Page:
11 Jun

Under a principle known as 'Allemansrätten,' or the 'freedom to roam,' Swedish law dictates that all people have the right to travel to any part of the country. This guarantees that everyone has access to the Scandinavian state's natural wonders.

In that spirit, Sweden has listed the entire country on Airbnb, the popular vacation home/condo/cottage listing service. The listing, done in cooperation with the tourist group Visit Sweden, includes nine camera-worthy places ranging from a beach with monumental limestone columns to a location with cliffs that have been carved into existence by an ice sheet.

One of the listings sums up the "free for all" approach this way: “Swedish nature isn’t just a piece of land with trees and lakes and cliffs—it’s a home with all the necessities and amenities that any great home should have. It’s a place where you can eat berries from the ground, sleep under the stars, swim in the lakes and roam freely."

09 Jun

If you’ve ever wanted to own your own rocks or dust from the surface of the Moon, your opportunity may be just around the corner. A Florida company called Moon Express is preparing a mining expedition, where they’ll gather material from its surface to sell on Earth.

The spacecraft is scheduled for a 2020 launch, at which point it will become the first mining expedition by a private company. As soon as the craft lands on Earth, Moon Express will put the collected materials up for sale to the highest bidders.

07 Jun

It's long been accepted that humans split from apes about 7 million years ago in central Africa, staying there for another 5 million years before migrating elsewhere.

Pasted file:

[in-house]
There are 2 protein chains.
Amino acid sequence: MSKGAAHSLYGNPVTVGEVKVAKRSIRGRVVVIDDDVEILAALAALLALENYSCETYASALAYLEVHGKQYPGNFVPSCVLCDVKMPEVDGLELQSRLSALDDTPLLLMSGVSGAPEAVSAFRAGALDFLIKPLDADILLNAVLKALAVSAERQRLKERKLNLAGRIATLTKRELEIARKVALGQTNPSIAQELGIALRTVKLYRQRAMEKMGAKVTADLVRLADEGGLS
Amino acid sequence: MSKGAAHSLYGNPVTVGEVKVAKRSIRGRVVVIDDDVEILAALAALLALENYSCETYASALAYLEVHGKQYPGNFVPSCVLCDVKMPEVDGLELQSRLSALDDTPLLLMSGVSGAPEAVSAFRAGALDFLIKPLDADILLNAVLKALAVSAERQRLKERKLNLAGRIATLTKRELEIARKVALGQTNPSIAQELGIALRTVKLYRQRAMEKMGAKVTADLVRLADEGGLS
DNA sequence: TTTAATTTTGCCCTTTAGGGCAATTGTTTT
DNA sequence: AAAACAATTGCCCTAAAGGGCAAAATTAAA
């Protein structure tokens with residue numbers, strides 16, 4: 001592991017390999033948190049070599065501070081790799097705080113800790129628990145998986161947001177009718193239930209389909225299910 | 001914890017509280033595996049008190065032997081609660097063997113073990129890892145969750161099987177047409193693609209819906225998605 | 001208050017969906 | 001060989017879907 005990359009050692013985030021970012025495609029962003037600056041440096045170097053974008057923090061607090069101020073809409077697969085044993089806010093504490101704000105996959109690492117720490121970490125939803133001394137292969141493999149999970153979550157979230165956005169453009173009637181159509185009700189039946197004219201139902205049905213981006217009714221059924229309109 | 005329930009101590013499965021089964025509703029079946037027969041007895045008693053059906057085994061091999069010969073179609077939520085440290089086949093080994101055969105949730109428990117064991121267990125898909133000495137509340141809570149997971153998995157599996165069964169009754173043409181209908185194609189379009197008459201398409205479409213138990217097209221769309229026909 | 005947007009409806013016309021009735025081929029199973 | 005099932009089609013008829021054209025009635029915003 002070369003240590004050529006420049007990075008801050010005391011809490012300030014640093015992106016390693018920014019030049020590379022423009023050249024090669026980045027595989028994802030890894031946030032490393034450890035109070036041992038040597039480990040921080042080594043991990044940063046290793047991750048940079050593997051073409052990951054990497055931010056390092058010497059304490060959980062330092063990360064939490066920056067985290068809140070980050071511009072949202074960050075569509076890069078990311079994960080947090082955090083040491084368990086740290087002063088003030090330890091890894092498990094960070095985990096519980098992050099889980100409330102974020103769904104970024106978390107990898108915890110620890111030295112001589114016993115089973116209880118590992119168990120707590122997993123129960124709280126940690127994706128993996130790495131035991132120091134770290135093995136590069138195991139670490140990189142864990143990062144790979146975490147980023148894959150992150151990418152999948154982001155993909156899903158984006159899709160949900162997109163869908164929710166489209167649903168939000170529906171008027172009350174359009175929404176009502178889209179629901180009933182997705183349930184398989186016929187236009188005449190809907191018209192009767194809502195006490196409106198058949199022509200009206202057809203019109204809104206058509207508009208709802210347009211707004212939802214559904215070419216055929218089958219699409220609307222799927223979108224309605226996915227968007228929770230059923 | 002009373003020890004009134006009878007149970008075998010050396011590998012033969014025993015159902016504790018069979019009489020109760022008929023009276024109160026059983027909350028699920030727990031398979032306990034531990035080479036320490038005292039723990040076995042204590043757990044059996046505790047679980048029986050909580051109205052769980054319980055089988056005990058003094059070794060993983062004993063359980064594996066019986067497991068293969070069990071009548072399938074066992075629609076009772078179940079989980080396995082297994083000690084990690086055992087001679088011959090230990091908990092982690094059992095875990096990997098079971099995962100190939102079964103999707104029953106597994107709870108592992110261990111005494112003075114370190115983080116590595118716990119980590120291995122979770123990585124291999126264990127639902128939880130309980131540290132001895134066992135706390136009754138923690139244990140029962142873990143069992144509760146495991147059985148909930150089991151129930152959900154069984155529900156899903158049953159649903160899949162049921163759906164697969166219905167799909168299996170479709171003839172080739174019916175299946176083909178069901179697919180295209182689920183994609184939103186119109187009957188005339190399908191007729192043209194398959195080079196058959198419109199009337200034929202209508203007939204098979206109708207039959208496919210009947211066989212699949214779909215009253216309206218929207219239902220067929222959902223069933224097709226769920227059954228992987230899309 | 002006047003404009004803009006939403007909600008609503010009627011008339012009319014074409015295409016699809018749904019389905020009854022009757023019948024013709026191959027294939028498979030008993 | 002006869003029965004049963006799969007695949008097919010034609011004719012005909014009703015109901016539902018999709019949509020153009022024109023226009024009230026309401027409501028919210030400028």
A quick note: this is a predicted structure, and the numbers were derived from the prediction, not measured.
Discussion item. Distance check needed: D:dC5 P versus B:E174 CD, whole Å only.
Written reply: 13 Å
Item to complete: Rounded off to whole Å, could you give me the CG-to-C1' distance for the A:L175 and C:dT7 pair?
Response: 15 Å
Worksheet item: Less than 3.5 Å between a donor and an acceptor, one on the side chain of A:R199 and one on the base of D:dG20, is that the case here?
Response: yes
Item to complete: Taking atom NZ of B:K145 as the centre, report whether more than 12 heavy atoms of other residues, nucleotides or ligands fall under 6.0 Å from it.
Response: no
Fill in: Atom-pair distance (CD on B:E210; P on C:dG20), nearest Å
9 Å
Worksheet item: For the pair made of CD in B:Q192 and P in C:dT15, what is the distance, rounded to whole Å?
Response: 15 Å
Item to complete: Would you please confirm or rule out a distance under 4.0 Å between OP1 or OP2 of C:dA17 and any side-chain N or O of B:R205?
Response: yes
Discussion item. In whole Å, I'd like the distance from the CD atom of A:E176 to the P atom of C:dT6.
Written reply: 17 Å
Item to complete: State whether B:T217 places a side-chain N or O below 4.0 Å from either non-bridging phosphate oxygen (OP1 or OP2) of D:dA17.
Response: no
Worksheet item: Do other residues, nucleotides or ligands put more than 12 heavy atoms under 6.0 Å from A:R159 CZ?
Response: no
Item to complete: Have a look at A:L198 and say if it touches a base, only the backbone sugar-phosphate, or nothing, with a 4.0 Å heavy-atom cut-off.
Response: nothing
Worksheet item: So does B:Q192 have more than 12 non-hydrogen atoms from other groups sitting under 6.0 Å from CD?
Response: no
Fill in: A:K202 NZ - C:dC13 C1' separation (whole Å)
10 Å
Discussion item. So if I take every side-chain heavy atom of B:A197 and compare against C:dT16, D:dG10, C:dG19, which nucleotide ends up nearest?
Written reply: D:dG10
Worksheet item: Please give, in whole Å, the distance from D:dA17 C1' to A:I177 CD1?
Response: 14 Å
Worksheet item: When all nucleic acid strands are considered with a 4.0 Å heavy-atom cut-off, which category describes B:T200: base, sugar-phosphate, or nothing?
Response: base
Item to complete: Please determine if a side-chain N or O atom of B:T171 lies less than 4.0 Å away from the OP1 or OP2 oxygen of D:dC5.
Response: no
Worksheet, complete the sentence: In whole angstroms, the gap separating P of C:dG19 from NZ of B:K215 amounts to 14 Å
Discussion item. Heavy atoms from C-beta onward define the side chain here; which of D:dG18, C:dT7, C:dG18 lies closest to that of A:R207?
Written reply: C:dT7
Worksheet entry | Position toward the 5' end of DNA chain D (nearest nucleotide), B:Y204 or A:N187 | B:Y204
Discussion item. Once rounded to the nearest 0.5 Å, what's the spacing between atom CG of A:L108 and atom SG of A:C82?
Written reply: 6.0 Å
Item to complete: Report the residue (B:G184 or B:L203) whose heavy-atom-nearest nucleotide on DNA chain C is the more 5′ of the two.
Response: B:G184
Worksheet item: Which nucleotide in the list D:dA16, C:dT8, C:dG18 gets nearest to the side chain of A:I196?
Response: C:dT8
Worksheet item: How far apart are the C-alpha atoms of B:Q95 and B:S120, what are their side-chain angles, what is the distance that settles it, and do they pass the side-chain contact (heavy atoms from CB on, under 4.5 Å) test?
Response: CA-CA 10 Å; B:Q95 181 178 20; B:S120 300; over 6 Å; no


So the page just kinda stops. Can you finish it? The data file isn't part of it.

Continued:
Now, though, scientists have evidence that bucks that belief: A pair of fossils of an ape-like being that sported human-like teeth have been discovered in Greece and Bulgaria. And the two finds date back to 7.2 million years ago.

The discovery of the new creature, known as Graecopithecus freybergi ("El Graeco" for short), demonstrates that the ancestors of humans were beginning to develop a good 200 millennia before the existence of the earliest known African hominid.

That would place the last ancestor-in-common of humans and chimpanzees in the Mediterranean region.

05 Jun

One more example of how our phones are becoming the center of our lives: Connecting to "smart" devices that are part of the Internet of Things (IoT) can now be accomplished via a specially designed smartphone.

While that might seem disconcerting to those who knew of a time when life didn't revolve around a hand-held supercomputer, the option to control smart devices with a phone makes more sense than simply giving in to One Almighty Device.

As data and content continue to be exchanged among devices at continuous rates, often in ways that people don't even notice, the smartphone arises as the device of choice for those who want and need to stay in the thick of a constant informational back-and-forth.

03 Jun

For patients who need to reduce calories and fat for health purposes, dairy is often toward the top of the list. Switching to skim milk and low-fat cheese can help trim waists and reduce health risks, but some don’t like the taste of low-calorie products. As a result, people may be consuming less dairy and therefore not enjoying the health benefits its calcium brings.

A new study may move consumers back toward regular dairy. Published in the European Journal of Epidemiology, the study revealed that dairy consumption doesn’t increase a person’s risk of heart attack or stroke, even when someone chooses the full-fat versions of dairy products. The study specifically addresses the popular misconception that dairy products are unhealthy and should be avoided.

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